Who are the frontrunners to be Sri Lanka’s next president?

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Sri Lanka is in political turmoil after anger over the country’s worst economic crisis in 70 years cascaded into a public uprising, forcing the president to resign and flee the country.

After reaching Singapore on Thursday night following his escape to the Maldives on a military jet, president Gotabaya Rajapaksa gave his formal resignation - marking an end to nearly 20 years of rule by the family.

To fill the political vacuum, incumbent prime minister Ranil Wickremesinghe, who is also facing pressure to step down, has taken the role of acting president.

The speaker of Sri Lanka’s parliament says meetings will begin on Saturday to choose the new president. So far three candidates have thrown their hats in the ring to lead the country that is suffering crippling shortages of food, petrol and diesel and runaway prices of basic amenities like bread and gas.

Ranil Wickremesinghe - prime minister

The current prime minister and finance minister of the country, who is also newly sworn in as interim president after being selected by Mr Rajapaksa, Ranil Wickremesinghe is expected to run for the position permanently, his ruling Podujana Peramuna party announced on Friday.

“We have decided to back Ranil Wickremesinghe as our presidential candidate,” Podujana Peramuna (SLPP) general secretary Sagara Kariyawasam told Reuters.

Mr Wickremesinghe, 73, has served six stints as prime minister of the cash-strapped nation – but has never completed a full term.

His sixth tenure began in May when he was appointed by Mr Rajapaksa to help bring international credibility to his government as it negotiated a bailout package with the International Monetary Fund.

Ranil Wickremesinghe was also made the finance minister in May after one of Rajapaksa’s brothers resigned from the post (REUTERS)
Ranil Wickremesinghe was also made the finance minister in May after one of Rajapaksa’s brothers resigned from the post (REUTERS)

Mr Wickremesinghe – who was also made the finance minister in May after one of Mr Rajapaksa’s brothers resigned from the post – soon became the face of the economic collapse of the country.

But the ruling party remains dominated by the family of the former president and his nomination reportedly has backing from Mr Rajapaksa’s brother Basil Rajapaksa.

Sajith Premadasa - opposition leader

Sri Lanka’s main opposition leader Sajith Premadasa announced his bid to run for president on 12 July.

The 55-year-old leader of the opposition Samagi Jana Balawegaya (SJB) party held talks with allies to get support for the move in the parliament.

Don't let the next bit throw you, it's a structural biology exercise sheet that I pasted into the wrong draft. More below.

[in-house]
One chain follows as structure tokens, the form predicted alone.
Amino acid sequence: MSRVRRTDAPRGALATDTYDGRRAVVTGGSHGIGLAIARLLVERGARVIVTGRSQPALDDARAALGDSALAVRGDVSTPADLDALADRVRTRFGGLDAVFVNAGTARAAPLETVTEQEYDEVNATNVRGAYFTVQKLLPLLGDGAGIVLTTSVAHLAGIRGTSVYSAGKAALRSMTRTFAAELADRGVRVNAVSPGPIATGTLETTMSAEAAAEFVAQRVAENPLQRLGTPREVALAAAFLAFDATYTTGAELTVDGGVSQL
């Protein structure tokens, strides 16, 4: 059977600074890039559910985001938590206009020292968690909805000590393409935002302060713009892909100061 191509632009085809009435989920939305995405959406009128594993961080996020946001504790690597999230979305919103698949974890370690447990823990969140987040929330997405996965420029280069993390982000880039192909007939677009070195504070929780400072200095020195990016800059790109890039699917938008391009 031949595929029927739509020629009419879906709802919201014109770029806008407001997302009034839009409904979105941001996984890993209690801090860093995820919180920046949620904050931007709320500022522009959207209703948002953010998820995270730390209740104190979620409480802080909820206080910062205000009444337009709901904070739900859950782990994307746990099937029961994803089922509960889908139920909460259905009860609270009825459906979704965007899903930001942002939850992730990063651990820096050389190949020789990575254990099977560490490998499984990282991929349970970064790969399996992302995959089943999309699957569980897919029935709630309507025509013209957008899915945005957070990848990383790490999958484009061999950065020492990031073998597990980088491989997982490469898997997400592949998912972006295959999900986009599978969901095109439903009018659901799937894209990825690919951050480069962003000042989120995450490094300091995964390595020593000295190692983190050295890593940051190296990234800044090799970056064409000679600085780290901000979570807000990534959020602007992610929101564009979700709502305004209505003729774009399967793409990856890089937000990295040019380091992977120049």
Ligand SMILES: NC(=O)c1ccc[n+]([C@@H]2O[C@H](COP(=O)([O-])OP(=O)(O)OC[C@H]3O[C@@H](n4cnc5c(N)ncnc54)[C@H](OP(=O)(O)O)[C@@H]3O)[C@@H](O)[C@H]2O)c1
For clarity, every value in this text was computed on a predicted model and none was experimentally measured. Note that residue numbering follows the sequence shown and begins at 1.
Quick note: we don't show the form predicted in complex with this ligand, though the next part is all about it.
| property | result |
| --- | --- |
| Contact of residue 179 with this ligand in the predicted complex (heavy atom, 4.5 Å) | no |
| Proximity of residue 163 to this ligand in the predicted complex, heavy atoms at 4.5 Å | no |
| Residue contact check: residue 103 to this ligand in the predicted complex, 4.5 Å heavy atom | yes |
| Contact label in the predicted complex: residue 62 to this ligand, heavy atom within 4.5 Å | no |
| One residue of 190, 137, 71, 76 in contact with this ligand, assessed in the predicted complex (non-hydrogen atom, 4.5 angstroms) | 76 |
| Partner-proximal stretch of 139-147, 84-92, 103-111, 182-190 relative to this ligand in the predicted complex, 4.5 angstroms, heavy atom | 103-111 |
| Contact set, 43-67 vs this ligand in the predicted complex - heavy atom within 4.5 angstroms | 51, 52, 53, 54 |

“We are continuing and stepping up our efforts to take responsibility to protect our motherland and its people. Continuously seeking support from all to achieve this task,” he tweeted on Friday.

An MP in Colombo, Mr Premadasa lost the last presidential elections in 2019.

Sri Lanka’s Opposition Leader and leader of the Samagi Jana Balawegaya Sajith Premadasa  during protest (EPA)
Sri Lanka’s Opposition Leader and leader of the Samagi Jana Balawegaya Sajith Premadasa during protest (EPA)

Mr Premadasa is the son of former Sri Lankan prime minister Ranasinghe Premadasa, who was assassinated in a suicide bombing in 1993 by LTTE militants.

He studied at the London School of Economics and served as deputy health minister in 2001, gaining popularity for his stand on issues of racism and alienation of minorities.

“We are not going to hoodwink the people. We are going to be frank and present a plan to get rid of Sri Lanka’s economic ills,” Mr Premadasa told BBC News.

Dullas Alahapperuma - journalist

A former journalist, Dullas Alahapperuma, 63, has been dubbed a potential dark horse in the surprise presidential elections in the country.

Announcing his run for the elections, Mr Alahapperuma said that the “people of this country should not suffer any more hardship, hardship or despair”.

“I ask for the support of fellow MPs, who believe that needs to embark on a new, constructive course. Together, let’s commit to guide to the path of economic prosperity while upholding rule of law and maintaining ethnic solidarity,” he said.

He served as minister of mass media and a cabinet spokesperson (AFP via Getty Images)
He served as minister of mass media and a cabinet spokesperson (AFP via Getty Images)

Mr Alahapperuma is a senior MP for the ruling SLPP party. He was serving as the minister of mass media and a cabinet spokesperson before he resigned in April when disgraced President Rajapaksa dissolved the cabinet.

Putting his weight behind the politician, SLPP lawmaker Charitha Herath said: “I’m a pragmatist. We need a candidate who is acceptable to the Aragalaya (struggle) and the larger public but someone who can also get parliamentarians’ approval.”

“It is not easy to get such a person,” he said. “Dullas would be a formidable and practical option.”

He is also emerging as a popular choice of the governing alliance and is believed to be close to the Rajapaksa family.

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